3.5 out of 5 stars
The publisher provided a copy of this, free of charge, in return for an honest review.
Of all the weathers that we experience, wind is the only one that we can hear and feel but not directly. I do think I can see the wind when I see trees being buffeted, or crows dancing in the wind. It is caused by the movement of air from one part of the planet to another, flowing from high-pressure points to low-pressure points in the search for equilibrium. Even though the air never stops moving, there are days when it can be utterly still and as blissful as they are surreal.
This flow of air around the planet affects everything. It creates waves, erodes mountains, moves vast quantities of dust from Africa to the Amazon and has created and formed economies and human culture. Along with earthquakes and volcanoes, winds in particular forms can be the most destructive things that we have on this planet. As a hurricane or typhoon, they can flatten buildings, toss cars in the air like confetti and as tornadoes, obliterate everything that they touch.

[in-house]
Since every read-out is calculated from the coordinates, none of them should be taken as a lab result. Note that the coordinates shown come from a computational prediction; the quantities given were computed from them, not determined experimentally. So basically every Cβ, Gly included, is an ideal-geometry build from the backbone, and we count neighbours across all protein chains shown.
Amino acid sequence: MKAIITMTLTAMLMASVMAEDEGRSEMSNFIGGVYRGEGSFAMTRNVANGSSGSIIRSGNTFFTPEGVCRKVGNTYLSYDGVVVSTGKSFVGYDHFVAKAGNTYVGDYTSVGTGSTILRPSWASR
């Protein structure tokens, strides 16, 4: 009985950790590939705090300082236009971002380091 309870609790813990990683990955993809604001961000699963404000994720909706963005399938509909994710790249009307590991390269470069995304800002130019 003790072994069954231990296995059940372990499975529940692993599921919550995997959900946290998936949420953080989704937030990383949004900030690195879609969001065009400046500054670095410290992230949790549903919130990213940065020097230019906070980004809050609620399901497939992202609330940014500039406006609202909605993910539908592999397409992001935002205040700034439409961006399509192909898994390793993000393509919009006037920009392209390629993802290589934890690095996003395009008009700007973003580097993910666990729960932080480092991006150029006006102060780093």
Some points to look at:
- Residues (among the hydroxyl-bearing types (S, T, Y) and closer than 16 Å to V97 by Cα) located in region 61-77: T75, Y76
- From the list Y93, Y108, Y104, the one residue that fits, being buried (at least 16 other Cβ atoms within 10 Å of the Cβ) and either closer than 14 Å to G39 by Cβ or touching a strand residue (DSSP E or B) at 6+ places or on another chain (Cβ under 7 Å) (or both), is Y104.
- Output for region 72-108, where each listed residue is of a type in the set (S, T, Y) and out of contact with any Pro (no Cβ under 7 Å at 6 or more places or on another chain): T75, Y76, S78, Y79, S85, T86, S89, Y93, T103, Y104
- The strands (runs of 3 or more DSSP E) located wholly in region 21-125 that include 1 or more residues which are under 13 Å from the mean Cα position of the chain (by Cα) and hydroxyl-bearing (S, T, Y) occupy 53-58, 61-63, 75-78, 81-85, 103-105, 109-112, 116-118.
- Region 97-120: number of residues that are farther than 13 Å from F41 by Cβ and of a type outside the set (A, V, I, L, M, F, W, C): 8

Humans have understood this phenomenon for millennia now. Wind has pressed it’s way into folklore and culture and has been used in warfare and has driven people mad.
I really liked this, the cultural history of wind is a wide-ranging subject that Pryke has managed to condense into this fascinating book. The prose feels authoritative without reading like an academic book. It is really nicely produced with high-quality pictures making it a fine addition to the Earth Series of books.